The Morgan Stanley sign package was the opening gambit in Times Square which transformed reader boards from just a signage display to the level of a ‘spectacular,’ meaning a huge, one-of-a-kind sign package dedicated to one sponsoring client and emphasizing the corporate brand of that client. Furthermore Morgan Stanley enhanced the evolution of the reader board into a complete architectural integration of exterior building facades. It also introduced the complexity of multiple messages with three reader boards streaming different financial data outputs simultaneously. (Fig.2)
ABC News – A Reader Board of Magnificent Excess
In 1999, the message reader board was once again elevated into a new generation of design from just streaming text, to a board that could transmit color graphics or video information as well. In a classic design enhancement, it was the sum of all the parts being greater than the output of any single reader board of its group. Here the sign design called for ninereader boards with seven of them placed one on top of the other to form a fully functional video sign, but also one that was curvilinear with a look like a flag waving in a breeze.
Created by Multimedia of Rancho Cordova, California, the full color, LED spectacular was commissioned by the Disney Corporation to create a state-of- the-art sign viewing system for its new studios in Times Square to be used by its ABC Television Network division. The resultant sign system included nine separate horizontal ribbons of full color, programmable LED displays. Each ribbon was approximately 133 feet of horizontal bends and curves all undulating around the front of the Times Square Studios building. This incidentally, being the studio that broadcasts Good Morning America every day, occasionally highlights other Times Square signage immediately visible outside its window.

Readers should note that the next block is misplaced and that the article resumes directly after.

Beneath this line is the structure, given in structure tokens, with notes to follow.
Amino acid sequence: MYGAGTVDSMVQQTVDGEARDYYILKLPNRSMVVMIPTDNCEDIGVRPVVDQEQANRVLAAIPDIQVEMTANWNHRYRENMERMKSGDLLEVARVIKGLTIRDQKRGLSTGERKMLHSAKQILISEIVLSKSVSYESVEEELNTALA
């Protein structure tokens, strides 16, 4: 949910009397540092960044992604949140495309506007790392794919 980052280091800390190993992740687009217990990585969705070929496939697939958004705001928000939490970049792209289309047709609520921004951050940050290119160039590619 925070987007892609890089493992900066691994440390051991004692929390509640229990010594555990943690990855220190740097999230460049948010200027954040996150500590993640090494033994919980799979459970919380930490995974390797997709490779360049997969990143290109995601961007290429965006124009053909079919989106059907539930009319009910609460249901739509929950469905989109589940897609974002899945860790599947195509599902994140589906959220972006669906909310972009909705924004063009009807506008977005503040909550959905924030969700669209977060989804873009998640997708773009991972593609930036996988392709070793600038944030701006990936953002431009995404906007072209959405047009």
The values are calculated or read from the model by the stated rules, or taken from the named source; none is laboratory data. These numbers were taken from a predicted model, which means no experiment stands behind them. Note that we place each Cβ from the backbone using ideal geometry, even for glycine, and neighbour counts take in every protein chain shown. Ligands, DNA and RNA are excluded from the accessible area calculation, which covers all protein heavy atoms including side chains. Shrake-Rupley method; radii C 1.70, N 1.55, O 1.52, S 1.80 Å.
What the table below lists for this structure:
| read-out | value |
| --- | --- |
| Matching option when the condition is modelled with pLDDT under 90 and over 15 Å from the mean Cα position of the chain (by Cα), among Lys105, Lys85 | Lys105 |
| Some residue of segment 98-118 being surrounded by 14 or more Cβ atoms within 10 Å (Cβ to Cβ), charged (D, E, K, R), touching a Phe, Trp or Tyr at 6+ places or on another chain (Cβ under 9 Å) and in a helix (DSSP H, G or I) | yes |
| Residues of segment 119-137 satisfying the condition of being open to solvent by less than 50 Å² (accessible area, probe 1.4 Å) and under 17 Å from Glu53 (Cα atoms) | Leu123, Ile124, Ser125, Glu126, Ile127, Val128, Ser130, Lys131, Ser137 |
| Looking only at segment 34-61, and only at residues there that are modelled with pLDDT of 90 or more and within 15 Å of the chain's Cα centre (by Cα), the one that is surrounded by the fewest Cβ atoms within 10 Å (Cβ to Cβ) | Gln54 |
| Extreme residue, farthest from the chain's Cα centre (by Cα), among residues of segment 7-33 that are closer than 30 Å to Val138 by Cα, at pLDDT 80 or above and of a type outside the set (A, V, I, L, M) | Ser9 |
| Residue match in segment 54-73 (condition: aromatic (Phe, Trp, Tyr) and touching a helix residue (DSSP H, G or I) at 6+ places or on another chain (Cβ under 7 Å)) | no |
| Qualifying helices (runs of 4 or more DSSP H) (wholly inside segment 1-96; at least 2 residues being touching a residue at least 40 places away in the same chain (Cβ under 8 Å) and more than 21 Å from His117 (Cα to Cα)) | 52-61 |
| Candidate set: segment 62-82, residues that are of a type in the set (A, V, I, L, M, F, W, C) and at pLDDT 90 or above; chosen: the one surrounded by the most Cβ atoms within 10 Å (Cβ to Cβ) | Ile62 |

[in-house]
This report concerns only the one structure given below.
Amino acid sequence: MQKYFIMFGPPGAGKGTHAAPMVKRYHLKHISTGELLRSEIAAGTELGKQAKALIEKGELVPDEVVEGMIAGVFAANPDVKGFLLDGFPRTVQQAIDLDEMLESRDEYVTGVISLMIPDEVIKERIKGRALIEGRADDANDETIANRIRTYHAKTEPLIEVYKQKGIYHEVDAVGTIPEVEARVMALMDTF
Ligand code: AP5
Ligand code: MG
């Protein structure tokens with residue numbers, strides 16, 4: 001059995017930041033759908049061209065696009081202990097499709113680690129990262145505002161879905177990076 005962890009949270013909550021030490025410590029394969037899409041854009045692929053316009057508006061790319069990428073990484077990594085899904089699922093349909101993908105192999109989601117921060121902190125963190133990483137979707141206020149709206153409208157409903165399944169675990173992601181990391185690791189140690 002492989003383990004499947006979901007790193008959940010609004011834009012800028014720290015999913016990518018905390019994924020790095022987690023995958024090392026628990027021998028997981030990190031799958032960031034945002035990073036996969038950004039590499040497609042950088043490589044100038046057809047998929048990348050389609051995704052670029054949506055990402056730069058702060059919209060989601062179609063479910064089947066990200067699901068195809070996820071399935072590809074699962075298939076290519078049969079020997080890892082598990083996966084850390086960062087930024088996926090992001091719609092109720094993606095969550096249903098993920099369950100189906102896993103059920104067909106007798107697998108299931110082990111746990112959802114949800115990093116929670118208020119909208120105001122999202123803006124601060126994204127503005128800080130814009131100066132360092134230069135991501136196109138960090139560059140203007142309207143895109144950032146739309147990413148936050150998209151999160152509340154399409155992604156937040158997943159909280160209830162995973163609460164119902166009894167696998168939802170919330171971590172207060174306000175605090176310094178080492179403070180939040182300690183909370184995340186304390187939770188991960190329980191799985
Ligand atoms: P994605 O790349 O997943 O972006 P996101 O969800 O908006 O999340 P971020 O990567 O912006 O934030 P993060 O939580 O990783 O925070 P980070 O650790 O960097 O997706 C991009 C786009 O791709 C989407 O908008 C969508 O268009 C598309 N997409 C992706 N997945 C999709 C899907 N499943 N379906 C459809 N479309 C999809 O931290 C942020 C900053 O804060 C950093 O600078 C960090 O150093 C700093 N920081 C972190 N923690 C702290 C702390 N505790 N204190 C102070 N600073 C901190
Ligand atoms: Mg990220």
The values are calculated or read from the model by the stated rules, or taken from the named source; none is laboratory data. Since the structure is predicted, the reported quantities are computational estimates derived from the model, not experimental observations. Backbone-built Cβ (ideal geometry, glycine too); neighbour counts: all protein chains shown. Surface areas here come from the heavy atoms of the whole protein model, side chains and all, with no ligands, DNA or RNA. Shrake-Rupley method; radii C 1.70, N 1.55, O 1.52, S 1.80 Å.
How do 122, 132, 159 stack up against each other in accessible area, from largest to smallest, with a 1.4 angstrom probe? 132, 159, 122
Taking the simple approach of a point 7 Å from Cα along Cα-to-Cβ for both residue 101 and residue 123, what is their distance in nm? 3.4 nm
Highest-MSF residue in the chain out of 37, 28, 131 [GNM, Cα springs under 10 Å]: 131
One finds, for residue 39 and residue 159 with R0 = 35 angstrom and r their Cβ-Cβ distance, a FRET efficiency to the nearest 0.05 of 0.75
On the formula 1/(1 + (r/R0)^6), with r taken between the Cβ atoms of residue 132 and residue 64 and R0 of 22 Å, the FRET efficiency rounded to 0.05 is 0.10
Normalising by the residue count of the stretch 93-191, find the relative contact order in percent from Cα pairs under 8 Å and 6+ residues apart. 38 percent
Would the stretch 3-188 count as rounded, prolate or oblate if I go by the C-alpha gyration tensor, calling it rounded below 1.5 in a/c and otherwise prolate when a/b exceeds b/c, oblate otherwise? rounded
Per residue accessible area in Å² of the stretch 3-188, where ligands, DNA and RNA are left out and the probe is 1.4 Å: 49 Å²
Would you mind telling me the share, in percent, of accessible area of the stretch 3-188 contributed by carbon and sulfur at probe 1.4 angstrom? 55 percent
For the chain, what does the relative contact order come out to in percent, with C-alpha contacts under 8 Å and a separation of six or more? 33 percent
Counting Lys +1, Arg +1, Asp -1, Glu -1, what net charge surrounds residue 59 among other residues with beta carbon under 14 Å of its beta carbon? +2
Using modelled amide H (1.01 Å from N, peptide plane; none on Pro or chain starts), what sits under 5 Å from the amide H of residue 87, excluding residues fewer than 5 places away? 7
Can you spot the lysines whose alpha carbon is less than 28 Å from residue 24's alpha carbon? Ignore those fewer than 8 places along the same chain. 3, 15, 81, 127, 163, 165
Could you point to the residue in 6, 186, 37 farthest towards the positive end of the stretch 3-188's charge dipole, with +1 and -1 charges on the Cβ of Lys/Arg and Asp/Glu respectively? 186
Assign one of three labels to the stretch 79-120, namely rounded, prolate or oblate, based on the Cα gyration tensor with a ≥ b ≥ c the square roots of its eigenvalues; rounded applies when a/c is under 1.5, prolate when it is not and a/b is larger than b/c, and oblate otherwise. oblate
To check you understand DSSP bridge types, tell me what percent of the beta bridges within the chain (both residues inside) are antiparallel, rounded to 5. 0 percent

George Sugarman, president of Multimedia noted that the Times Square Studios video display was so large that it is as much the front of the building as it is a sign and can be seen from almost the entire north end of Times Square. Susan Bonds, Disney show producer for the exterior signage of the building noted how its LED sign melded architecture, media and entertainment into a single integrated design. “We now have a sculptural LED display board that conforms to the building and is constantly changing its look from minute to minute.”
In a clever design integration, the Times Square Studios (TSSL) sign combined video displays and message reader boards into a single sign system as described by Meric Adriansen, principle of Tigris Systems Corp. who was project manager for the sign system. “The center of the TSSL sign incorporated a SONY JumboTron video display which fitted into an even larger Multimedia built video screen composed of seven separate full color reader board ribbons that wrap around the front of the Good Morning America studios building.
The resultant imagery of the two signs are a subset of each other; the smaller JumboTron (describing JumbroTrons as ‘small’ is usually a misnomer except with this sign) shows a continuing stream of video promotion scenes of forthcoming ABC TV programs. The bigger screen shows accompanying graphics with text. By combining the JumbroTron video screen and the